Mario Draghi discussed potential future moves of the European Central Bank at the press conference after its monthly meeting held yesterday, Bloomberg reports. Among the options that the bank will be considering are lowering the deposit rate to below zero and establishing funds for banks to lend directly to businesses, Draghi said.
The European Central Bank voted to keep its primary interest rate unchanged at 0.25 percent yesterday. That came after the bank had decreased the rate from 0.5 percent last month amid fears of so-called “deflationary pressures,” adverse effects that can result from inflation rates that are too low. By too low, the central bank has targeted inflation at just under 2 percent, so October’s 0.7 percent statistic certainly qualified.
At the press conference, Draghi said that the bank’s move had already had a tangible impact, pointing to inflation rates that rose to 0.9 percent in the month of November. Draghi said that the data “fully justified” the ECB’s decision, and that at this point there was no questioning the past actions of the bank. The focus of meeting was instead of what additional measures may be necessary in the future.
Draghi presented the bank’s executives with his outlook on inflation in the coming months, saying that he does not see a rise to acceptable levels until the end of 2015. This would leave a two-year period in which the bank will have to be ready to act should rates drop once more. With the primary refinancing rate already at historic lows, Draghi discussed some of the other options that are on the table for the ECB. One such move would be lowering the deposit rate, which currently stands at 0 percent. This action, which Vitor Constancio, the bank’s vice president, had reviewed skeptically, was also approached cautiously by Draghi, who said that it has never been attempted on such a large scale and is a move that the bank is likely to hold in reserve in case of emergency-type conditions.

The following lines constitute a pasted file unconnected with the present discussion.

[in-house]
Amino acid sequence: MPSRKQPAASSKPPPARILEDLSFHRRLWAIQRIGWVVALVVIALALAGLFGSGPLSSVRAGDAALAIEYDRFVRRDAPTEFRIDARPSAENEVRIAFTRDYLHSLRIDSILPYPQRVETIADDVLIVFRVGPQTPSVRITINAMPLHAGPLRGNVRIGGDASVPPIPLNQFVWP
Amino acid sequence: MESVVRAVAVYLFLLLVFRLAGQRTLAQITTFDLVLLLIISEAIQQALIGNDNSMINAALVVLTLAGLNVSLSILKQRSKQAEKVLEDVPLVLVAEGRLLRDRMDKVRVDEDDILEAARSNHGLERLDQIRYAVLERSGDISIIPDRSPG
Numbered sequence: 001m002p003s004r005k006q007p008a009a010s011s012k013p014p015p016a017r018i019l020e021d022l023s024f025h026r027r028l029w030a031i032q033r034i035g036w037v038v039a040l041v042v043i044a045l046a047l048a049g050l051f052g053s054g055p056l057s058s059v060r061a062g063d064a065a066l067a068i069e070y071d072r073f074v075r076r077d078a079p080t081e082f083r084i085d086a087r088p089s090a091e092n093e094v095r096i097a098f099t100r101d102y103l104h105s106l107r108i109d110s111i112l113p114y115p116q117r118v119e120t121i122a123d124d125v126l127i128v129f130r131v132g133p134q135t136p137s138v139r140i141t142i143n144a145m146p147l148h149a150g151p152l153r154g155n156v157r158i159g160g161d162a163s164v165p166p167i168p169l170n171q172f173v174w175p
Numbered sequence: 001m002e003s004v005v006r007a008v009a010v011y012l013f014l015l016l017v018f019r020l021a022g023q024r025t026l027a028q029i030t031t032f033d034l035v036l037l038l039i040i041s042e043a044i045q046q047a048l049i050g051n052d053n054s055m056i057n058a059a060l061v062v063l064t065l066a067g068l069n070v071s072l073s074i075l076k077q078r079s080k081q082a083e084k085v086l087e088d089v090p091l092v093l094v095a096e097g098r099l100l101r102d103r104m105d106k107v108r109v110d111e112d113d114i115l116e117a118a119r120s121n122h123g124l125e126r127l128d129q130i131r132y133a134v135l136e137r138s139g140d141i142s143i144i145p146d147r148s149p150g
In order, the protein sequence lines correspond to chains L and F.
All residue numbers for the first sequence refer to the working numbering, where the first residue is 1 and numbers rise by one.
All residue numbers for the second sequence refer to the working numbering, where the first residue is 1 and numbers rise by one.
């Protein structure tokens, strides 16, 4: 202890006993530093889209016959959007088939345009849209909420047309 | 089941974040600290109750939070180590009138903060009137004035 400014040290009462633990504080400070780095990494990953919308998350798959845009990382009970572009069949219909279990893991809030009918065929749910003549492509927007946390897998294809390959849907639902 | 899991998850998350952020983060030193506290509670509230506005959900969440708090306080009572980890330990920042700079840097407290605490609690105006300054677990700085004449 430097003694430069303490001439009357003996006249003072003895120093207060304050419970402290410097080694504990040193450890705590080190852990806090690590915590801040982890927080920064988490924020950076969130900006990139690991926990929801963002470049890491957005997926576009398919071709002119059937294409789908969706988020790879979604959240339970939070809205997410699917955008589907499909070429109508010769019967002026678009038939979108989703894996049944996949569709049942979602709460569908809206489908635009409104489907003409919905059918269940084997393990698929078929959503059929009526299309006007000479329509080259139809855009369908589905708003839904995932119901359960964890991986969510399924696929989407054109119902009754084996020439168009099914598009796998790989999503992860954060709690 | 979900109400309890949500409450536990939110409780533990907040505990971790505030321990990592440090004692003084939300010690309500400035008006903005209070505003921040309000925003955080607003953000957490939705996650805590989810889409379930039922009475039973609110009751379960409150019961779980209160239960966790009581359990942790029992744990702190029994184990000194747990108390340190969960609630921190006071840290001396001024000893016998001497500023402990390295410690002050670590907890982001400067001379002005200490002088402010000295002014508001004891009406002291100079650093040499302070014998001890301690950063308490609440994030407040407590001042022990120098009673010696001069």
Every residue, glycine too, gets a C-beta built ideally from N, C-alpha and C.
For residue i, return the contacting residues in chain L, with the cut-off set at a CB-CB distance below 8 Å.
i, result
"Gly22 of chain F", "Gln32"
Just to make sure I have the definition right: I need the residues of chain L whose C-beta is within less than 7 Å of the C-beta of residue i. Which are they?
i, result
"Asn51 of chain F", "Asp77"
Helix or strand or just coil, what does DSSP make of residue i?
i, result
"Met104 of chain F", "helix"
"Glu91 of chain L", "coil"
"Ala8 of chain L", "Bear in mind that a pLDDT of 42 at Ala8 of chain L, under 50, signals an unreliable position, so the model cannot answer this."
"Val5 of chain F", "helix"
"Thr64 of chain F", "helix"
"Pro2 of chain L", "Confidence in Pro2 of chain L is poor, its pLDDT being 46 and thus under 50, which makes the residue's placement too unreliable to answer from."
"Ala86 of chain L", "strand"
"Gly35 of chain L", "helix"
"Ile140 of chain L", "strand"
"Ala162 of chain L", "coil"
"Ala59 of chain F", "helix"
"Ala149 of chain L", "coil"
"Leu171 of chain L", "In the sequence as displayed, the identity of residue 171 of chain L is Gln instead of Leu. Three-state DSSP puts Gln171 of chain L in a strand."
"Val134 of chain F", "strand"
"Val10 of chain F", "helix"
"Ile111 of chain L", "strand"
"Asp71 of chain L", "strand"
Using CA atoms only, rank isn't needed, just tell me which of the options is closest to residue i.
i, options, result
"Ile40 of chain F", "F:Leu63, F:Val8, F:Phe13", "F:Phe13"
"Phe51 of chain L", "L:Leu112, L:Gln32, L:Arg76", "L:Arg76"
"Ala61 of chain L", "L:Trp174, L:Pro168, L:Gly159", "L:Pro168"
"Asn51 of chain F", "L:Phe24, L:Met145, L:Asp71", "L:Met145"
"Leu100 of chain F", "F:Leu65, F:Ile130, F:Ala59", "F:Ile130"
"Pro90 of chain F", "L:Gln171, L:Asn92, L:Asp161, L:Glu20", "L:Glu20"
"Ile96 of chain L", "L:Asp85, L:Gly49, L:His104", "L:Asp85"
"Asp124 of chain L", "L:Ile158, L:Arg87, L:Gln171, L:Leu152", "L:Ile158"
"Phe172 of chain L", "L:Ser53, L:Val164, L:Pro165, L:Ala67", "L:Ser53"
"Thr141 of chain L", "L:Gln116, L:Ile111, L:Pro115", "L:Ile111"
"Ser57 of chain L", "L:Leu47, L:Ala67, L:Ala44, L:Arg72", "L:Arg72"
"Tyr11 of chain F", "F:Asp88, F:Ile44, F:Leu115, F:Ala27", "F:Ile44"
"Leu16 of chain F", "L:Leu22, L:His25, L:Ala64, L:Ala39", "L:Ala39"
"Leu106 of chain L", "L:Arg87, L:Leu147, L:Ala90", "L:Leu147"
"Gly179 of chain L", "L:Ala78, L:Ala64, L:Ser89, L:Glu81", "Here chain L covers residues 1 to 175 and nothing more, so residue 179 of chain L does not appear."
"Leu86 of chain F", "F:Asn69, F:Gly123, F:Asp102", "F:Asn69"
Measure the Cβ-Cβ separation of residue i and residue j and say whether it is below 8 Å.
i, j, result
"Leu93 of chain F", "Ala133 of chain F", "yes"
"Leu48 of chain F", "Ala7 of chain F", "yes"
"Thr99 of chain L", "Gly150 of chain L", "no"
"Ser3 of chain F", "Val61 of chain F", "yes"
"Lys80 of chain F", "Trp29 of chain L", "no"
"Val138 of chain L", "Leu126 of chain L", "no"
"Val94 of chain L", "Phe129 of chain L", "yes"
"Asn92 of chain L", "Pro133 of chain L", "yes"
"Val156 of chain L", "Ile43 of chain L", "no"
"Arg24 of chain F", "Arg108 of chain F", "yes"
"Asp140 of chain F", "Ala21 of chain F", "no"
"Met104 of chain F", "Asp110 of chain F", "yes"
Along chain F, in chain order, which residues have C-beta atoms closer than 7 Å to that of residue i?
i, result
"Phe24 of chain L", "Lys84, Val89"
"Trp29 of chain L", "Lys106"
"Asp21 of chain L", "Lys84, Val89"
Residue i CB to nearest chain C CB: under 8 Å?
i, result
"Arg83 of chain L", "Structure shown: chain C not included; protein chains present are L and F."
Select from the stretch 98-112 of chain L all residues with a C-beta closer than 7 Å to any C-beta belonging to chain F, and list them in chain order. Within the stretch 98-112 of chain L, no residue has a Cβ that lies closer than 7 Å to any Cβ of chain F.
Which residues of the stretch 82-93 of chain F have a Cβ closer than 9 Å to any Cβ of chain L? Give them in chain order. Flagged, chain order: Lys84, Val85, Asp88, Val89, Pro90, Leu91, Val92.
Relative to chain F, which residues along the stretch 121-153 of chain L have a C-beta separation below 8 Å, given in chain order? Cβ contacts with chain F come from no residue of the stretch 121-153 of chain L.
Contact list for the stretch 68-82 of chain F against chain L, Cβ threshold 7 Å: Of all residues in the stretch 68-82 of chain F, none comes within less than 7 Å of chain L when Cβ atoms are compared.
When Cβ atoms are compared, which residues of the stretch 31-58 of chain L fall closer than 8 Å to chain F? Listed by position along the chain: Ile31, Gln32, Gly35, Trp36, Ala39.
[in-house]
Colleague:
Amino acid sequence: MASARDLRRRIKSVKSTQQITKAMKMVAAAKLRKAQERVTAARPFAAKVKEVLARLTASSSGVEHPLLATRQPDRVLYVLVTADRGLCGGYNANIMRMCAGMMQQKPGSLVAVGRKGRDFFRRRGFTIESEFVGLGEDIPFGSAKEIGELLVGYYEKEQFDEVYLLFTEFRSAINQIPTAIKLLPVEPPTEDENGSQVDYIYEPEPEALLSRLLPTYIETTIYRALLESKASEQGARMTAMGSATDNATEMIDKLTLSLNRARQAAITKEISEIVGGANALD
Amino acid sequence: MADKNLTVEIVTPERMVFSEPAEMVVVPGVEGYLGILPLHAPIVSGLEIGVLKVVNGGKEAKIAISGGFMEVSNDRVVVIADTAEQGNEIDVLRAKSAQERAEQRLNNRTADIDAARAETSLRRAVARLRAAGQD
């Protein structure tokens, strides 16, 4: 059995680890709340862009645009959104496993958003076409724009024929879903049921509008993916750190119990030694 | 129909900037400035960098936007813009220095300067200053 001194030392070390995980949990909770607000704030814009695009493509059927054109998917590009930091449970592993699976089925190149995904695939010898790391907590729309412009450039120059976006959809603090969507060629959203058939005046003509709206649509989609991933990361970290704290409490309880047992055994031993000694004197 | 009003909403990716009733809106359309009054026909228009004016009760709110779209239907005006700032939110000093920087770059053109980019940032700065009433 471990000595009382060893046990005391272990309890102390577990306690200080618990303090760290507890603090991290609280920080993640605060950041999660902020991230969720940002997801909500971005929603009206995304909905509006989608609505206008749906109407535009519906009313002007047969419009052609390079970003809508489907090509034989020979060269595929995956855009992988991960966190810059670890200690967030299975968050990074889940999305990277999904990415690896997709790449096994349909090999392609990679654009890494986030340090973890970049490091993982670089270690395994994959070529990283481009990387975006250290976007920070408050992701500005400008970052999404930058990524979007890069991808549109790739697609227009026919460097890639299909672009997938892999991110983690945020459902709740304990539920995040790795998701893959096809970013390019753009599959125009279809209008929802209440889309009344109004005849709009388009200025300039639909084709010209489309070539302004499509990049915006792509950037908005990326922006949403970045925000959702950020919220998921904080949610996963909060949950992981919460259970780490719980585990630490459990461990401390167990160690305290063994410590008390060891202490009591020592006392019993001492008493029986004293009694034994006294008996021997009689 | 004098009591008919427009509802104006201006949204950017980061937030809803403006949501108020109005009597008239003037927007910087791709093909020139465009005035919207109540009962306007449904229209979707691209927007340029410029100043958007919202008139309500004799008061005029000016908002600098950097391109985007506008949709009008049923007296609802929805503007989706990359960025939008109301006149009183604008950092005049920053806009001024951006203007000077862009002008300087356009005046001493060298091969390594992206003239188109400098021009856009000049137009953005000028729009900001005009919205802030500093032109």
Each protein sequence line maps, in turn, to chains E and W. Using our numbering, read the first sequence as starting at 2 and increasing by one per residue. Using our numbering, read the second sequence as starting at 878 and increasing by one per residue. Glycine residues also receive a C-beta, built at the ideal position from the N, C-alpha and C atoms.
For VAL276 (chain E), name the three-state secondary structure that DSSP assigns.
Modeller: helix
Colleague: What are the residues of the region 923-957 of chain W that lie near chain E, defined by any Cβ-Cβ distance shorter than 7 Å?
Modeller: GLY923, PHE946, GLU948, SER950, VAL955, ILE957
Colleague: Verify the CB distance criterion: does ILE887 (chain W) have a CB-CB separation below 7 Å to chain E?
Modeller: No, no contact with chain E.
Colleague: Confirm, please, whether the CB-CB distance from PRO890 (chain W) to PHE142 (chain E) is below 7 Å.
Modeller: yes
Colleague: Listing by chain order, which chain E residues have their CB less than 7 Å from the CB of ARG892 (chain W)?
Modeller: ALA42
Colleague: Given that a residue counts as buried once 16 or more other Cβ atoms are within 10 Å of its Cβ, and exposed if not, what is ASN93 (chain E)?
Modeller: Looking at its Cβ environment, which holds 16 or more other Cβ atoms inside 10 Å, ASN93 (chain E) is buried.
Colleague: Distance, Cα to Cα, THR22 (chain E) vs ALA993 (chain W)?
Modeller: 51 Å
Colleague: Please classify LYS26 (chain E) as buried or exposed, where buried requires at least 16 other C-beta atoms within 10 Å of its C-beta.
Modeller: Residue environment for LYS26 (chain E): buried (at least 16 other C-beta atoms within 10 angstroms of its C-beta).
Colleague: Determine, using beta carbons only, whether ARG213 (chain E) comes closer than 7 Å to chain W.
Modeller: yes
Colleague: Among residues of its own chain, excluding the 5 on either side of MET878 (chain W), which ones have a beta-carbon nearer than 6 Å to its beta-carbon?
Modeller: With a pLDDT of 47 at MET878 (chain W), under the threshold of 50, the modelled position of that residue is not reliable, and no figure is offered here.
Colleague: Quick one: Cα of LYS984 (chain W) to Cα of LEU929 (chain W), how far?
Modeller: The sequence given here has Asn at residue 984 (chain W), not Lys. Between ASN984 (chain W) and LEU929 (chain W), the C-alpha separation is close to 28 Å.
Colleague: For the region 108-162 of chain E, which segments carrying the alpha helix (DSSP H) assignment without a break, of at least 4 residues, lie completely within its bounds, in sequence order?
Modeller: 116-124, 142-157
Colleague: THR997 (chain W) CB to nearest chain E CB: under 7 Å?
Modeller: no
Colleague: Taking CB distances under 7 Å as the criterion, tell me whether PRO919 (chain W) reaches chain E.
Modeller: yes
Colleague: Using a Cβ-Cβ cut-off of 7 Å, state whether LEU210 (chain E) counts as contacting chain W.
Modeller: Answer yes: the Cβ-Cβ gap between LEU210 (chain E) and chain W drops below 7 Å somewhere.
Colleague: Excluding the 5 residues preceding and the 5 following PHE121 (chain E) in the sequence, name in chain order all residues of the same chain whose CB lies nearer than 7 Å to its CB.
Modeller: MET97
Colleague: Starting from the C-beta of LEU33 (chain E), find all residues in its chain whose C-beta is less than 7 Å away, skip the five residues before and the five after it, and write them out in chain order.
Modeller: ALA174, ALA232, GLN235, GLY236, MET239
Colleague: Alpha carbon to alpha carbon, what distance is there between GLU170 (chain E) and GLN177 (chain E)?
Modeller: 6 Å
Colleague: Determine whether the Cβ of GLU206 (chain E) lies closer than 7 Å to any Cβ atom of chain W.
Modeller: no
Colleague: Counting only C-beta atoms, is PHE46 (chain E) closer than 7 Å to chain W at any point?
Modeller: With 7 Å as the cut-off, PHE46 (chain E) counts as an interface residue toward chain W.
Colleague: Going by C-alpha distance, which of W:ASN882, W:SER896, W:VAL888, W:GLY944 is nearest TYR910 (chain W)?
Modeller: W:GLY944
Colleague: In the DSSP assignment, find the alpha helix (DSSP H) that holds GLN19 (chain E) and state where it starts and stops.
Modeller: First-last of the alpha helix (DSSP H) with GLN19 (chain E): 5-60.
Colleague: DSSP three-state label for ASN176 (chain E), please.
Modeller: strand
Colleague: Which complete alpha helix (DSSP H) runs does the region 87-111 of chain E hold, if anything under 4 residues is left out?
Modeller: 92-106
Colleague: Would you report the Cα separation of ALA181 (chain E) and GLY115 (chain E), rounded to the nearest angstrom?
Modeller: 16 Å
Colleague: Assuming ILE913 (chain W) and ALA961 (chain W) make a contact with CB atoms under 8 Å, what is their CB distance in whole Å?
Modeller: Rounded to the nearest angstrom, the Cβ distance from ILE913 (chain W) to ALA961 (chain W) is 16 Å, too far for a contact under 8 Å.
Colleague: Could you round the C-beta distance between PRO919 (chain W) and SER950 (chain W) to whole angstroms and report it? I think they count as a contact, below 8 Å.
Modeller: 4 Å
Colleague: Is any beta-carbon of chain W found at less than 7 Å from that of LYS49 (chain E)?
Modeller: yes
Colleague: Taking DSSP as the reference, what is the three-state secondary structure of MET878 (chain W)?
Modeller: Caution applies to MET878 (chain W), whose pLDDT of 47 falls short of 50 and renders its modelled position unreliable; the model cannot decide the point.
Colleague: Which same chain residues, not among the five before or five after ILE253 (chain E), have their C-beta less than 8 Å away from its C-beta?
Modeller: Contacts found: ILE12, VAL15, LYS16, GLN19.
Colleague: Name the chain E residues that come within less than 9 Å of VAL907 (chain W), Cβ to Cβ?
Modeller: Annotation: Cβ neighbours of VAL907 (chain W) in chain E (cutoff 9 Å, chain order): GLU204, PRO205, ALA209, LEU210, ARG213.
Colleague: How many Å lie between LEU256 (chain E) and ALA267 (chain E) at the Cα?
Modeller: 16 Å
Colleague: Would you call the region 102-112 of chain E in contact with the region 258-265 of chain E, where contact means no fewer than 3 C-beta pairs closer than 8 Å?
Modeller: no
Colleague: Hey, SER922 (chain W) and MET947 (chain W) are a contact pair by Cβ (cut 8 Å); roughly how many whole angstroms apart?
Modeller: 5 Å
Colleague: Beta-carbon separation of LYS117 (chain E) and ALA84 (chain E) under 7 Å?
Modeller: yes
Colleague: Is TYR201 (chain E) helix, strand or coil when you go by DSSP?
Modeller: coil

What is much more probable — according to both analysts and Draghi — is the creation of a third LTRO, or long-term funding operation. The first two instances pumped billions of euros into the regions banks in years past, but they are on the verge of being repaid. The third round of lending, Draghi said, would come with stipulations to lend the money to organizations such as businesses. What Draghi does not want is the funds to be used to acquire sovereign debt or to pad holes in balance sheets, which were two of the primary weaknesses of the first two operations.
The LTROs do have the advantages of increasing liquidity across the region, holding market interest rates down, and helping to combat low inflation rates. However, some have questioned the ECB’s proactive stance toward fluctuations in indicators that have left the organization handing out billions in cash and becoming more and more involved in the region’s financial workings. Draghi, for his part, has praised the proactive approach, overseeing the bank’s transition into supervising European financial institutions over the course of the next year.
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